Reservoir Geomechanics and 4D Seismic Monitoring
Production of hydrocarbons changes reservoir pore pressure and alters the stresses acting on the reservoir and on surrounding rocks (Addis, 1997; Hettema et al., 2000; Hatchell et al., 2003; Sayers, 2005b). Decreased pore pressure resulting from depletion leads to an increase in the effective stress acting on the reservoir and can be accompanied by reservoir compaction, reduced porosity and permeability, casing deformation and failure, and surface subsidence. Other problems caused by production-induced stress changes include fracturing of the formation and the opening and closing of preexisting fractures, reactivation of faults, and bedding-parallel slip. Strong evidence for altered stress in and around reservoirs undergoing depletion is provided by seismic events resulting from production (Segall, 1989; Grasso, 1992) and by time shifts observed by using time-lapse seismic data (Hatchell et al., 2003).
Changes in stress can be particularly severe for unconsolidated formations such as deepwater turbidites. Figure 1 shows the pressure change computed for a deepwater Gulf of Mexico turbidite between 2004 and 2010. Such a pressure change leads to compaction of the reservoir, as shown in Figure 2 for one of the wells in this example. Vertical strain in the formation can lead to buckling of the casing, particularly in situations in which the casing is supported poorly, such as in the presence of a poor cement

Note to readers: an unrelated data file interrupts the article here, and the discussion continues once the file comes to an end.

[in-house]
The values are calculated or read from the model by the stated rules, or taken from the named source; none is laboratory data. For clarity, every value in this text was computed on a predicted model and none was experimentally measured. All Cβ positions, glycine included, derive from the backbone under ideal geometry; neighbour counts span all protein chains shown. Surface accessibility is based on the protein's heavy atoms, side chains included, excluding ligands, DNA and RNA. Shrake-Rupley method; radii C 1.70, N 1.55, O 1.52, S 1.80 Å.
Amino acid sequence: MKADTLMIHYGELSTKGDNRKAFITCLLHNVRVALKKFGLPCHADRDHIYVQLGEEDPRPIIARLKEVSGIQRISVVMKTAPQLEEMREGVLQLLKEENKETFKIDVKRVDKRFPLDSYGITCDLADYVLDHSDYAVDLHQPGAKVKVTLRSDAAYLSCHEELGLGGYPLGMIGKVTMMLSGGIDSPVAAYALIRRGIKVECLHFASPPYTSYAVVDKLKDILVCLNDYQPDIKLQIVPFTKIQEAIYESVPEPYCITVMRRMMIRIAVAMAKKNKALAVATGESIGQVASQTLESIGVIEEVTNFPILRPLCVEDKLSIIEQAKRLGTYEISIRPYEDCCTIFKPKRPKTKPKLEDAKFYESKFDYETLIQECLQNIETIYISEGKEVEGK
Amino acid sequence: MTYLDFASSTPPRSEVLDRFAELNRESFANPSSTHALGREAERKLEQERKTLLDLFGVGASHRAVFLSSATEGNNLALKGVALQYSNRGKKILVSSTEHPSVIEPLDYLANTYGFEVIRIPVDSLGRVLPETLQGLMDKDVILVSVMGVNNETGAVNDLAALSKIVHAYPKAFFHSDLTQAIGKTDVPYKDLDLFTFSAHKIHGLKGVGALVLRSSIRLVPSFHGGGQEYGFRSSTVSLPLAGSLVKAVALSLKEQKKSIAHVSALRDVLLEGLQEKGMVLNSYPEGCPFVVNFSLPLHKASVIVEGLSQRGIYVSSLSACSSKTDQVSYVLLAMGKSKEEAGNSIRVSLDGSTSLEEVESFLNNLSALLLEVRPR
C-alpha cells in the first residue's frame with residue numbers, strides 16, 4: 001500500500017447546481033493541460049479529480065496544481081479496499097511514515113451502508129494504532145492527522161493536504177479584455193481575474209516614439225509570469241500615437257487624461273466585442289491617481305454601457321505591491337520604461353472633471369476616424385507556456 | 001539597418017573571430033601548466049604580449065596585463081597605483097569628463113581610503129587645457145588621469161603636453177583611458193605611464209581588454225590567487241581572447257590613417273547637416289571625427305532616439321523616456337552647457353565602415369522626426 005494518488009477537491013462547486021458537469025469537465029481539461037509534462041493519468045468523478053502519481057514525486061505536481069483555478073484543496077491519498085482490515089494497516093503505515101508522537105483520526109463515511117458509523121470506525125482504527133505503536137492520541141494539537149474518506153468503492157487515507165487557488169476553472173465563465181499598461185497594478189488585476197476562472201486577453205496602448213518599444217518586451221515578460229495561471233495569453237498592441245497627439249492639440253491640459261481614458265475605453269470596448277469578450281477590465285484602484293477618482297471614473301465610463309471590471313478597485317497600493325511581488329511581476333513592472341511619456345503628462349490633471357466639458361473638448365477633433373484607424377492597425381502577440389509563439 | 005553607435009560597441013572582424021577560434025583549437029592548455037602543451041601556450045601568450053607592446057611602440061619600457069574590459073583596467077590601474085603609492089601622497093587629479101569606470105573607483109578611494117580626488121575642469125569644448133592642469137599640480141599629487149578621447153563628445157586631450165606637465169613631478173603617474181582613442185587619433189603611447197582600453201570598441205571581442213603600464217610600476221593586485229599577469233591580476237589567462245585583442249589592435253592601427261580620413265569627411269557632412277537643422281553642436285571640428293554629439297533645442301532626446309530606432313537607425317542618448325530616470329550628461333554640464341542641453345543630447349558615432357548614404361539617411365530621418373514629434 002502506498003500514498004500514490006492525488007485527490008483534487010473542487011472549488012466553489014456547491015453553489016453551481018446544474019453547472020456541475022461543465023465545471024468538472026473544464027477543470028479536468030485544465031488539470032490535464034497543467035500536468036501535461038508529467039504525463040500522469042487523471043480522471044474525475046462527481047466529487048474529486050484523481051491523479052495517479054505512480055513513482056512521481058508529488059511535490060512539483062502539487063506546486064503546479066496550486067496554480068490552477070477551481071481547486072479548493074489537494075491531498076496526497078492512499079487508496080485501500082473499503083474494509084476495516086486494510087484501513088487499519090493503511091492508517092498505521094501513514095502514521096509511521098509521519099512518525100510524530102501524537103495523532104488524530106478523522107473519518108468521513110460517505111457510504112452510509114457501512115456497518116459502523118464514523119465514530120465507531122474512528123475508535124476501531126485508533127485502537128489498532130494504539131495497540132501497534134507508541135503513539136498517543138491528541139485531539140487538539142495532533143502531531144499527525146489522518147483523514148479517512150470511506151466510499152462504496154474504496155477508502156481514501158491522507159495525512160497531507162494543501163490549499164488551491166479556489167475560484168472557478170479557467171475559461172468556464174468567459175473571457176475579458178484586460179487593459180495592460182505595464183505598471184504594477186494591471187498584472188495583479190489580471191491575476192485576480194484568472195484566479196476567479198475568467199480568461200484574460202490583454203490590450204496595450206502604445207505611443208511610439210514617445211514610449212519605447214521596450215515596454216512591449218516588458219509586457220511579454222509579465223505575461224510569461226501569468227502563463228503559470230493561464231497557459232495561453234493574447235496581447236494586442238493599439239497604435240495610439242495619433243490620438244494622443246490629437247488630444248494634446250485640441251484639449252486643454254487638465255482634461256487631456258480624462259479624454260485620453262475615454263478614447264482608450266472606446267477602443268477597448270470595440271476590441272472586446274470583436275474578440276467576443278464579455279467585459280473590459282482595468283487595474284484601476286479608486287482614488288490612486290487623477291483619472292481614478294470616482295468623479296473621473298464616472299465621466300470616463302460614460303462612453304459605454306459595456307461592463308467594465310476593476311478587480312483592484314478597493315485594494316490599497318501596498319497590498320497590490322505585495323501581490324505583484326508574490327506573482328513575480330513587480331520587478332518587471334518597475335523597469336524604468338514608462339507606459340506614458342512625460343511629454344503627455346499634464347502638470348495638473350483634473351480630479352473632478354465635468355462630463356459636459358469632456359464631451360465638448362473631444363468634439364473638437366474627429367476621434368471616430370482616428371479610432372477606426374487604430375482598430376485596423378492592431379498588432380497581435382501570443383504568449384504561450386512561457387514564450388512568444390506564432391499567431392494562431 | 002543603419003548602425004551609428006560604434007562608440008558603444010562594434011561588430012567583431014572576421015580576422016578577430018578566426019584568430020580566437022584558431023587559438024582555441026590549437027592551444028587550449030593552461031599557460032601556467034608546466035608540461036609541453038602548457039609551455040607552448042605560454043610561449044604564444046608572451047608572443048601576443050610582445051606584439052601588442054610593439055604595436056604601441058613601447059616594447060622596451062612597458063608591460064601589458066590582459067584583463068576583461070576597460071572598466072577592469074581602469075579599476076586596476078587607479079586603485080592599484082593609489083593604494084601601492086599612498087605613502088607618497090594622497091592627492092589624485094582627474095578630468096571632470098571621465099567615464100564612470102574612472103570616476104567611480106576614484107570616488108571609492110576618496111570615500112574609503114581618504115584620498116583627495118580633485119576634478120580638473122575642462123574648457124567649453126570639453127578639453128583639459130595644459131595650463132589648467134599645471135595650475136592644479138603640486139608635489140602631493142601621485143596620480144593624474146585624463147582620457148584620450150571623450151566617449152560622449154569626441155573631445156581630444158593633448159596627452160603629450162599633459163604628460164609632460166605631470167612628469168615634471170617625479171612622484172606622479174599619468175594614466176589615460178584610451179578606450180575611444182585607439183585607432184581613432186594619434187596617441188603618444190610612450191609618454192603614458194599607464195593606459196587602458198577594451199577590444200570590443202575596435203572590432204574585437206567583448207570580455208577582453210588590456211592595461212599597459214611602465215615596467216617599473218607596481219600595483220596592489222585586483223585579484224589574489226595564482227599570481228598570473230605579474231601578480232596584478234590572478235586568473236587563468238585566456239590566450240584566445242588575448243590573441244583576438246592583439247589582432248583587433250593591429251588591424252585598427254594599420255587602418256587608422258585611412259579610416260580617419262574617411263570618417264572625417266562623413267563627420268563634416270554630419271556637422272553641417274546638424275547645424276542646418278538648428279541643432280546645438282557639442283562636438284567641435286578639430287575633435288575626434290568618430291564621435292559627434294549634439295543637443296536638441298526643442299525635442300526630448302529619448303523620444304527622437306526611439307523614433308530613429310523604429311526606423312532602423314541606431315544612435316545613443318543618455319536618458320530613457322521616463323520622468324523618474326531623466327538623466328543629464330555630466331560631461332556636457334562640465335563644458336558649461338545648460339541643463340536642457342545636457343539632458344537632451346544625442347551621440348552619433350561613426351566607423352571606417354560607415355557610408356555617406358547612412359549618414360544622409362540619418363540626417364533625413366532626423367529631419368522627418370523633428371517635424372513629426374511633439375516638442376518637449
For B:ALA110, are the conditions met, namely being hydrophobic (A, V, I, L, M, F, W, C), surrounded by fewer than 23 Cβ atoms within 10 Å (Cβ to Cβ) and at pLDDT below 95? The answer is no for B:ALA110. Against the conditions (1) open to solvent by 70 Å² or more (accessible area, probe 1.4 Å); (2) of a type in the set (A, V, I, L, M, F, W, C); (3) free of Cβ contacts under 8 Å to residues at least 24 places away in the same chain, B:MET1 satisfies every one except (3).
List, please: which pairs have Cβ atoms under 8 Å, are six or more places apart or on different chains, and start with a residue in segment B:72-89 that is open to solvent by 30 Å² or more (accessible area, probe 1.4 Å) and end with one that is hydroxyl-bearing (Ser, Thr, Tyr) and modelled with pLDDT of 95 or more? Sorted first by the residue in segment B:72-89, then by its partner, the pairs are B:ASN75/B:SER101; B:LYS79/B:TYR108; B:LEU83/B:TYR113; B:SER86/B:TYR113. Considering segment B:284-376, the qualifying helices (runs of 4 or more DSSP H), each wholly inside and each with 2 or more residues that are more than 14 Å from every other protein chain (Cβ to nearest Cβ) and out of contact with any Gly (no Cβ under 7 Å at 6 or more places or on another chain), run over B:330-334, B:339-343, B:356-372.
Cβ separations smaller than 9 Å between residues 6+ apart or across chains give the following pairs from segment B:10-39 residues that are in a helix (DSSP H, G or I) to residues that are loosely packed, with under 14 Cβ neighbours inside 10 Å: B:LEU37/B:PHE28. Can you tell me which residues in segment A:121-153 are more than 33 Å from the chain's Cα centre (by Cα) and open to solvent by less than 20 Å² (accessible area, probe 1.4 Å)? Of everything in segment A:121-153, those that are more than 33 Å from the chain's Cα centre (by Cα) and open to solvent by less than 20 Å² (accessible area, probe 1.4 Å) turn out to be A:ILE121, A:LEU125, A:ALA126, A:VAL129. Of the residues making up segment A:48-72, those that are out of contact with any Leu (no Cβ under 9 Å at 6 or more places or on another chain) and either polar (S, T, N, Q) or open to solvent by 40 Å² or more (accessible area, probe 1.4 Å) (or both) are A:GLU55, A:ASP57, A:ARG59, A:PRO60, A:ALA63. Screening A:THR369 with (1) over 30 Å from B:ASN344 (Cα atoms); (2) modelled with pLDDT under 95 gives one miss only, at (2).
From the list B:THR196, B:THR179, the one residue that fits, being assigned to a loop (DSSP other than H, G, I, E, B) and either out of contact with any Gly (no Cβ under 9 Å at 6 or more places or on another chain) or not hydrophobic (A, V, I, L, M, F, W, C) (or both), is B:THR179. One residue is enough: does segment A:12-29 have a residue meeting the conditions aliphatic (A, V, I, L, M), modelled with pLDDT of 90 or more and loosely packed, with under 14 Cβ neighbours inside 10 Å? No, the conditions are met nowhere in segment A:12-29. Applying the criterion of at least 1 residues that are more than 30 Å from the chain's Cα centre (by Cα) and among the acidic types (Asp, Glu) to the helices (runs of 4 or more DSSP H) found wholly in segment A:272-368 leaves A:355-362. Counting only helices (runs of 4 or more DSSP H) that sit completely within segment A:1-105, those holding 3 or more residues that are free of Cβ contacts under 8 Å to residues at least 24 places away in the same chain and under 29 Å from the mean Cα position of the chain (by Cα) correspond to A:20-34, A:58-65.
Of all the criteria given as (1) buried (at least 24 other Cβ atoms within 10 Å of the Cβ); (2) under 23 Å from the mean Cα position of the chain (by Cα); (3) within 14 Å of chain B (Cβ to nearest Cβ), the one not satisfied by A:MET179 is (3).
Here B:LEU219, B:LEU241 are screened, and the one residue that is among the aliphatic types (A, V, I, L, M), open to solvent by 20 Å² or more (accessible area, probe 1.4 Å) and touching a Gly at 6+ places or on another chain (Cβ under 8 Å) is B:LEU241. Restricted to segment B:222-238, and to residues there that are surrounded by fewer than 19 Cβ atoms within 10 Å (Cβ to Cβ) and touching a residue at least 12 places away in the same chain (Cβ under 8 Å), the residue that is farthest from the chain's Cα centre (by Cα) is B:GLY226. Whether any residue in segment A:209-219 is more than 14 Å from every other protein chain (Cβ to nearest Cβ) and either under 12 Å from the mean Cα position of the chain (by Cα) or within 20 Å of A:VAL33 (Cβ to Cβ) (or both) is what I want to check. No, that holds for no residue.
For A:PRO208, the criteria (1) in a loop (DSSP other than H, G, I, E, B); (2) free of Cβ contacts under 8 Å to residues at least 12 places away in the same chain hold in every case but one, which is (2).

Figures & Tables
This is a recording of the 2010 Distinguished Instructor Short Course (DISC) by Colin Sayers. The state of stress within the earth has a profound effect on the propagation of seismic and borehole acoustic waves, this leads to many important applications of elastic waves for solving problems in petroleum geomechanics. This course provides an overview of the sensitivity of elastic waves in the earth to the insitu stress, pore pressure, and anisotropy of the rock fabric resulting from the depositional and stress history of the rock, and introduces some of the applications of this sensitivity. The course will provide the basis for applying geophysics and rock physics solutions to geomechanical challenges in exploration, drilling, and production. See catalog #233A for the accompanying DISC book.